Growing up my childhood was blessed with first editions of National Geographic from its early years. Hardcover treasures filled with lengthy articles and black and white images from around the globe. I was always curious about the people in the photos and those lucky enough to have traveled to those exotic locations, writing and photographing their experiences. I wanted to fill my senses with those scenes, taste the food I was reading about, hearing the conversation and joining in.
Then I got older, and my interest in learning a foreign language didn’t seem necessary, at least not until I got to high school and began to consider going to college afterward. For that, I would need two years of a foreign language.
Two whole years! At the time it seems a near-impossible fete. And initially, I signed up for German. Everyone else was taking Spanish, what did I need Spanish for?
My hopes to learn German were dashed with the school revealed that I was the only student who had signed up for the class. I had to pick from the three other options: Spanish, Russian, and French. French had the least number of students, and so that’s the one I chose.
I’d like to say that I remember everything, but what I remember most is, “ouvre vos livres,” or “open your books.” My depth of learning the lengua franca did not go far. Outside of reading warnings on boxes of tampons with the pronunciation of a self-assumed semi-pro, I was determined to stick with it long enough to pass and have it down on my transcripts.
Enter adulthood and my realization that the USA’s education system was way behind the ball. First, I should have been learning another language in grade school. Second, the counselor probably should have made it clearer that Spanish was going to be more useful as I reached adulthood.
And so, I decided that since Mr. Muse and I were traveling to Spanish-speaking countries far more often, that we’d be wise to get a handle on the language. We’re now entering our fourth year of learning Spanish via the Duolingo app in addition to Instant Immersion software. I’ve also gone through three levels of Spanish at UW Madison in the Continuing Education courses.
Some days, I feel incredibly confident in my abilities as things just seem to click, and other days, I hear non-native speakers rattle off speeches, and I’m standing there like a slack-jawed yokel in amazement. So, I keep working at it, refining and digging into the linguistics. I know it’d be better if I were actually immersed in a situation of using the language all-day-every-day, but for now, I stick with daily practice.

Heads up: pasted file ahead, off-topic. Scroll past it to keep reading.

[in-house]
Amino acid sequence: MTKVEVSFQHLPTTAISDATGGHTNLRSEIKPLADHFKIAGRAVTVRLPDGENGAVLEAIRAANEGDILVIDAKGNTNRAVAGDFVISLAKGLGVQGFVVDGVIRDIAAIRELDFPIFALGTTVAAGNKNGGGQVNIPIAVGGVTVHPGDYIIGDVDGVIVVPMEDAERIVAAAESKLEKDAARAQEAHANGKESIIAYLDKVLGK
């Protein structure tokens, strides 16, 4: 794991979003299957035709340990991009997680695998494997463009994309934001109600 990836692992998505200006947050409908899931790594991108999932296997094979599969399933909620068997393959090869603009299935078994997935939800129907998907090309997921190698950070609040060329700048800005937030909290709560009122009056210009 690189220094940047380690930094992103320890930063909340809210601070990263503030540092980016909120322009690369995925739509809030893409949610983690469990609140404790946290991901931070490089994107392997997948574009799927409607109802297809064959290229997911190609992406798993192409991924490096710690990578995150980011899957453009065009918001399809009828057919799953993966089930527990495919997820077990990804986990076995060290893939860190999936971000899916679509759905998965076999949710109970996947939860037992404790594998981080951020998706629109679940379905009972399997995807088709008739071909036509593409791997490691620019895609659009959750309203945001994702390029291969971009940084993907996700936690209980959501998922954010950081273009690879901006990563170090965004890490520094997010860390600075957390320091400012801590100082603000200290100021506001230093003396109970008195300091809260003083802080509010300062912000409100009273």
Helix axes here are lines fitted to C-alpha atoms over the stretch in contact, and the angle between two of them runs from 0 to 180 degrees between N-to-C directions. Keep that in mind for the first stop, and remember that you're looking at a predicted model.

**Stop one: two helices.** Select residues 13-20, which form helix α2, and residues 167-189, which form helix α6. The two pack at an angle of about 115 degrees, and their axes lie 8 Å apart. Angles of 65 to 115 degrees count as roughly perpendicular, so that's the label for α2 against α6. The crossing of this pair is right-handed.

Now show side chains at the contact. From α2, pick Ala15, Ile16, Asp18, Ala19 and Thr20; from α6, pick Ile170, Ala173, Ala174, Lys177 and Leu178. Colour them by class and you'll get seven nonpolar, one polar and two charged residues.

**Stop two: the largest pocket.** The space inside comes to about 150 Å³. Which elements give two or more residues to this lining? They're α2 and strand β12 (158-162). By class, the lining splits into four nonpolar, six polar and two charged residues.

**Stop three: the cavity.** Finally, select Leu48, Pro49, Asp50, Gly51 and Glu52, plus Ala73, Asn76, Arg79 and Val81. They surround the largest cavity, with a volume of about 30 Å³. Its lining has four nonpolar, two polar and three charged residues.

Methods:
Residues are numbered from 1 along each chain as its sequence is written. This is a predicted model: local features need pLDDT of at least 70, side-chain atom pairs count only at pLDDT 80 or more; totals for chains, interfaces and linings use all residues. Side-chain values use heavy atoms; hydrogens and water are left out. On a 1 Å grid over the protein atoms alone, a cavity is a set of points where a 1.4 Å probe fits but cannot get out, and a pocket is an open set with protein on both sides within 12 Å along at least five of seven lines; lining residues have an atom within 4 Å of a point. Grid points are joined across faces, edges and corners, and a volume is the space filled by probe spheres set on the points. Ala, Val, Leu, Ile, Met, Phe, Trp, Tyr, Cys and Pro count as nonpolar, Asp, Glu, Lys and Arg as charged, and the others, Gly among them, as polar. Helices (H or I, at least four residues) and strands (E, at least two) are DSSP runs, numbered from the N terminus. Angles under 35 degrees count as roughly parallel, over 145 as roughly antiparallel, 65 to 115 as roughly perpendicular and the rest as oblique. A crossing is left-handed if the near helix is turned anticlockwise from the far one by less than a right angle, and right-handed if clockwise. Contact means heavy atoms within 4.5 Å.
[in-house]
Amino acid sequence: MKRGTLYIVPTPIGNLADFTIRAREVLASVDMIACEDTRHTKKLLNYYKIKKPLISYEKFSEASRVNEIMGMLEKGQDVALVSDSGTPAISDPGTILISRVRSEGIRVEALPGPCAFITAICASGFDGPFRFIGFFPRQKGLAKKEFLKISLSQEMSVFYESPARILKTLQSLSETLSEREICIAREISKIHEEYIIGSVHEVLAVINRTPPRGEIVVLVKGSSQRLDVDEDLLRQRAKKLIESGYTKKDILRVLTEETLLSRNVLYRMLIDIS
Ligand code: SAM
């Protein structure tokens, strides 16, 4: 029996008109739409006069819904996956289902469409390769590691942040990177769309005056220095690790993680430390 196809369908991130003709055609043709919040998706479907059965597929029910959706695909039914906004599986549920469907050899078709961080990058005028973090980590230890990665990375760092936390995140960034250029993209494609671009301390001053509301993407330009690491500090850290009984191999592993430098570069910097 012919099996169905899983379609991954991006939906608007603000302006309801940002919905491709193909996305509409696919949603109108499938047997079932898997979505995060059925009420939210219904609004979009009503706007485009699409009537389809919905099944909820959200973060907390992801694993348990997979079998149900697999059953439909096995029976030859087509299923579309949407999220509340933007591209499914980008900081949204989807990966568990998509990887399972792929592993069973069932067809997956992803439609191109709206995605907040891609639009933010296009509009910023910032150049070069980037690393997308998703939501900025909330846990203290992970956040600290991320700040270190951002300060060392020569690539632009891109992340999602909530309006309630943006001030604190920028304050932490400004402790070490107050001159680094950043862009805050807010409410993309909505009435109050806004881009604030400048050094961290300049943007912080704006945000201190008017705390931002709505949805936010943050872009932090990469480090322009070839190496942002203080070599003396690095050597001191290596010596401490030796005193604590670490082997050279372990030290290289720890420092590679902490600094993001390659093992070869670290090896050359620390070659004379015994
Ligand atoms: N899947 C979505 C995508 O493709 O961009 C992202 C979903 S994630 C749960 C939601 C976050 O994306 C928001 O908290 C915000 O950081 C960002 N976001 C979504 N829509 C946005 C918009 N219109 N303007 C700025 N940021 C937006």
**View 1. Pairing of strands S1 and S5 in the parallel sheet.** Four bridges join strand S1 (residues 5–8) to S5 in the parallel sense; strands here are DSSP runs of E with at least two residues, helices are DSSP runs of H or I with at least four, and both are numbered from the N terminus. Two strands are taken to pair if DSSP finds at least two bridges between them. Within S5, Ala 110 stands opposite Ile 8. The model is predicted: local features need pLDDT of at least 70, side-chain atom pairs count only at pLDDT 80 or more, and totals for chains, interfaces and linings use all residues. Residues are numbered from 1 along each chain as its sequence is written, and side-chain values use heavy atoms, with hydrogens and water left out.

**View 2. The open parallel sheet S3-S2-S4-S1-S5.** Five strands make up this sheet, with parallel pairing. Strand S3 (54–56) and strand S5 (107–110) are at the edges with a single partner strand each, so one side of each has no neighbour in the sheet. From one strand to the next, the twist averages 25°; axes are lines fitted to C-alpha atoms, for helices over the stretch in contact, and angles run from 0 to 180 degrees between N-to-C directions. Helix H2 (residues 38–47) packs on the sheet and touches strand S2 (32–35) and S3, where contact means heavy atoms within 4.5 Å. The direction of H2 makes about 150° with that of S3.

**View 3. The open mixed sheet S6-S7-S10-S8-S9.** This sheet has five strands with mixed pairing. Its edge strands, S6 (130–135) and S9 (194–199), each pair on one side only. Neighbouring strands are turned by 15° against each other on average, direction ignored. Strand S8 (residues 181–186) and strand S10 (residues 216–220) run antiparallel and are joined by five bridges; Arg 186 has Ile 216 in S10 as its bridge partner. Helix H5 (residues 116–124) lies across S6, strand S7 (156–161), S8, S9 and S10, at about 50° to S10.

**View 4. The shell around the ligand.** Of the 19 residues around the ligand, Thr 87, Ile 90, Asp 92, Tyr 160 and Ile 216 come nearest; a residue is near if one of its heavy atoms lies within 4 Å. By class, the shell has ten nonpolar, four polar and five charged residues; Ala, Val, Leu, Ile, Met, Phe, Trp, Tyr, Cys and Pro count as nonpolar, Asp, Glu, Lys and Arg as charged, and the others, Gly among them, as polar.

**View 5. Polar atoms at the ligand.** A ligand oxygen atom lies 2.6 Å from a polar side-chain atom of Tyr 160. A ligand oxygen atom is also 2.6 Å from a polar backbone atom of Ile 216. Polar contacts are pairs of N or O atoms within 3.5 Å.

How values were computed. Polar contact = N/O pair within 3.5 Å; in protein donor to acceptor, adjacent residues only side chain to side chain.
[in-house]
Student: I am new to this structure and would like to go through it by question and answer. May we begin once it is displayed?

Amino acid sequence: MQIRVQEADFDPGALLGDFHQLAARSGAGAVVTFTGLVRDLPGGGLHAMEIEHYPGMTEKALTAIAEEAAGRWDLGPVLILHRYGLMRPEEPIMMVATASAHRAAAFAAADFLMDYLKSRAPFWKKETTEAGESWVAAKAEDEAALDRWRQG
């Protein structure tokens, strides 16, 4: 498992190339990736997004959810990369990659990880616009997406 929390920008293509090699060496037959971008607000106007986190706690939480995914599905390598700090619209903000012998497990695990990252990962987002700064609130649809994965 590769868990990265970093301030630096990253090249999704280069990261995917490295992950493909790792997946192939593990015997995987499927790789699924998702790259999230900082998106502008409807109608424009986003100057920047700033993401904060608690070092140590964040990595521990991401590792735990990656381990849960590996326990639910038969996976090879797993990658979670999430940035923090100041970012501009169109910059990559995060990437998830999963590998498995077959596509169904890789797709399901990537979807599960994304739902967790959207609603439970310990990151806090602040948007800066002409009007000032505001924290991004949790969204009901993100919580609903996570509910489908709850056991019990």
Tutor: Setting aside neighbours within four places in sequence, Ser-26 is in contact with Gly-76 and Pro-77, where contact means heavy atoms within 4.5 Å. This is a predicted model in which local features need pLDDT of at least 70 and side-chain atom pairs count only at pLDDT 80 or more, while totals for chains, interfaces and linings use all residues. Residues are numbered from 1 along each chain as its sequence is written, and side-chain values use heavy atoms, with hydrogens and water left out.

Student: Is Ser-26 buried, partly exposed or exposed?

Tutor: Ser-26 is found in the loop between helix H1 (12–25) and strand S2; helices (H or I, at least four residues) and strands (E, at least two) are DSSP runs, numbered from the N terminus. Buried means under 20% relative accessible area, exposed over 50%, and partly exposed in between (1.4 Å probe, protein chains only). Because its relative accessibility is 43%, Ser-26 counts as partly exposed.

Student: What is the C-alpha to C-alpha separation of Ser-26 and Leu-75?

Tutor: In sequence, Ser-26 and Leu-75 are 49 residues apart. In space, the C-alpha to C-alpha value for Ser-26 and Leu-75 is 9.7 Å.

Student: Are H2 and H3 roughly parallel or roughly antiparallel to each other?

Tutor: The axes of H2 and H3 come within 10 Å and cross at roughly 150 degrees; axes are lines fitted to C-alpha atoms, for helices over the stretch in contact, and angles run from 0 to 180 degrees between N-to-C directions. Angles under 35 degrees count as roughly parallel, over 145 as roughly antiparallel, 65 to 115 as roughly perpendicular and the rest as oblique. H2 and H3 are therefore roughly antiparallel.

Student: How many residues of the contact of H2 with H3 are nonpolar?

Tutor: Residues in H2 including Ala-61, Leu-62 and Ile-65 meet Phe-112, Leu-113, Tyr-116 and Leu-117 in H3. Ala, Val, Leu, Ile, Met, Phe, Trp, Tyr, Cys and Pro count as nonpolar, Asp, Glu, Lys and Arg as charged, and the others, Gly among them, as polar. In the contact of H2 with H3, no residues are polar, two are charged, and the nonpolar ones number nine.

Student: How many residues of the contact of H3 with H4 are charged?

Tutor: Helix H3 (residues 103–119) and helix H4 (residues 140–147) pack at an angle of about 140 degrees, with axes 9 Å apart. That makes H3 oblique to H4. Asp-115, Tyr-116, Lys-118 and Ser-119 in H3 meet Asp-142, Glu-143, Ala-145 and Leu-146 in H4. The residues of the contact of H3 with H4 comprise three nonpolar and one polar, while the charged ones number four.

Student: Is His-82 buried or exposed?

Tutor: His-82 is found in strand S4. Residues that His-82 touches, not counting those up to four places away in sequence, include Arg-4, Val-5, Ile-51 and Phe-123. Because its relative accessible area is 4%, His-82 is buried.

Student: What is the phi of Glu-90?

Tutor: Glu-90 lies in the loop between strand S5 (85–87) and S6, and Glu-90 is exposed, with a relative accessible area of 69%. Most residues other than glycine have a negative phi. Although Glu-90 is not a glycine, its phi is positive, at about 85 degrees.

And then our friends had a baby… and baby will be raised bilingual. In Swedish.
One of our dear friends, the first native Swede I met, has been speaking Swedish around me for over 20 years. I know a few words: tack, ost, and glass (which would be “thank you,” “cheese,” and “ice cream”), but not nearly enough to carry on a simple conversation. We’ve many friends and acquaintances who are native Swedes, or immigrants to Sweden, and we’ve been teased about when we’re going to learn the language. Mr. Muse started to learn Swedish last year via Duolingo.
Since we’ll be around baby a fair amount, I decided that it was time to add learning Swedish into my personal education mission lest baby say something to me in Swedish and I can’t answer, let alone understand.
So, every day, I speak and write English, most days I speak and write some Spanish along with daily practice, and for the last few weeks, I’ve practiced Swedish, too.
Some days I also feel like my brains are scrambled eggs, but I continue on. Why? Because education is important. Because people for whom English is a second language work hard at learning it and the least I can do is try to learn languages for places I frequent or people I know. I wish I had possessed this much gumption in my youth, but sometimes it takes years of experience to get wise about a topic.
The top four languages spoken in the United States are English, Spanish, Chinese (Cantonese), and French. Learning another language has so many benefits, that I can’t even begin to list them, but if there were one that stands out to me, it would be that a second language opens your mind to cultural differences.
If you’ve got children, I hope you can make them understand the importance of learning a second language. If you’re an adult and only know one language, take up another – even if its casual practice on Duolingo. Why? Because it’s never too late to expand your mind.
Do you know a second language? What is it?
If you don’t speak a second language, what is one that you’ve always thought you might like to learn?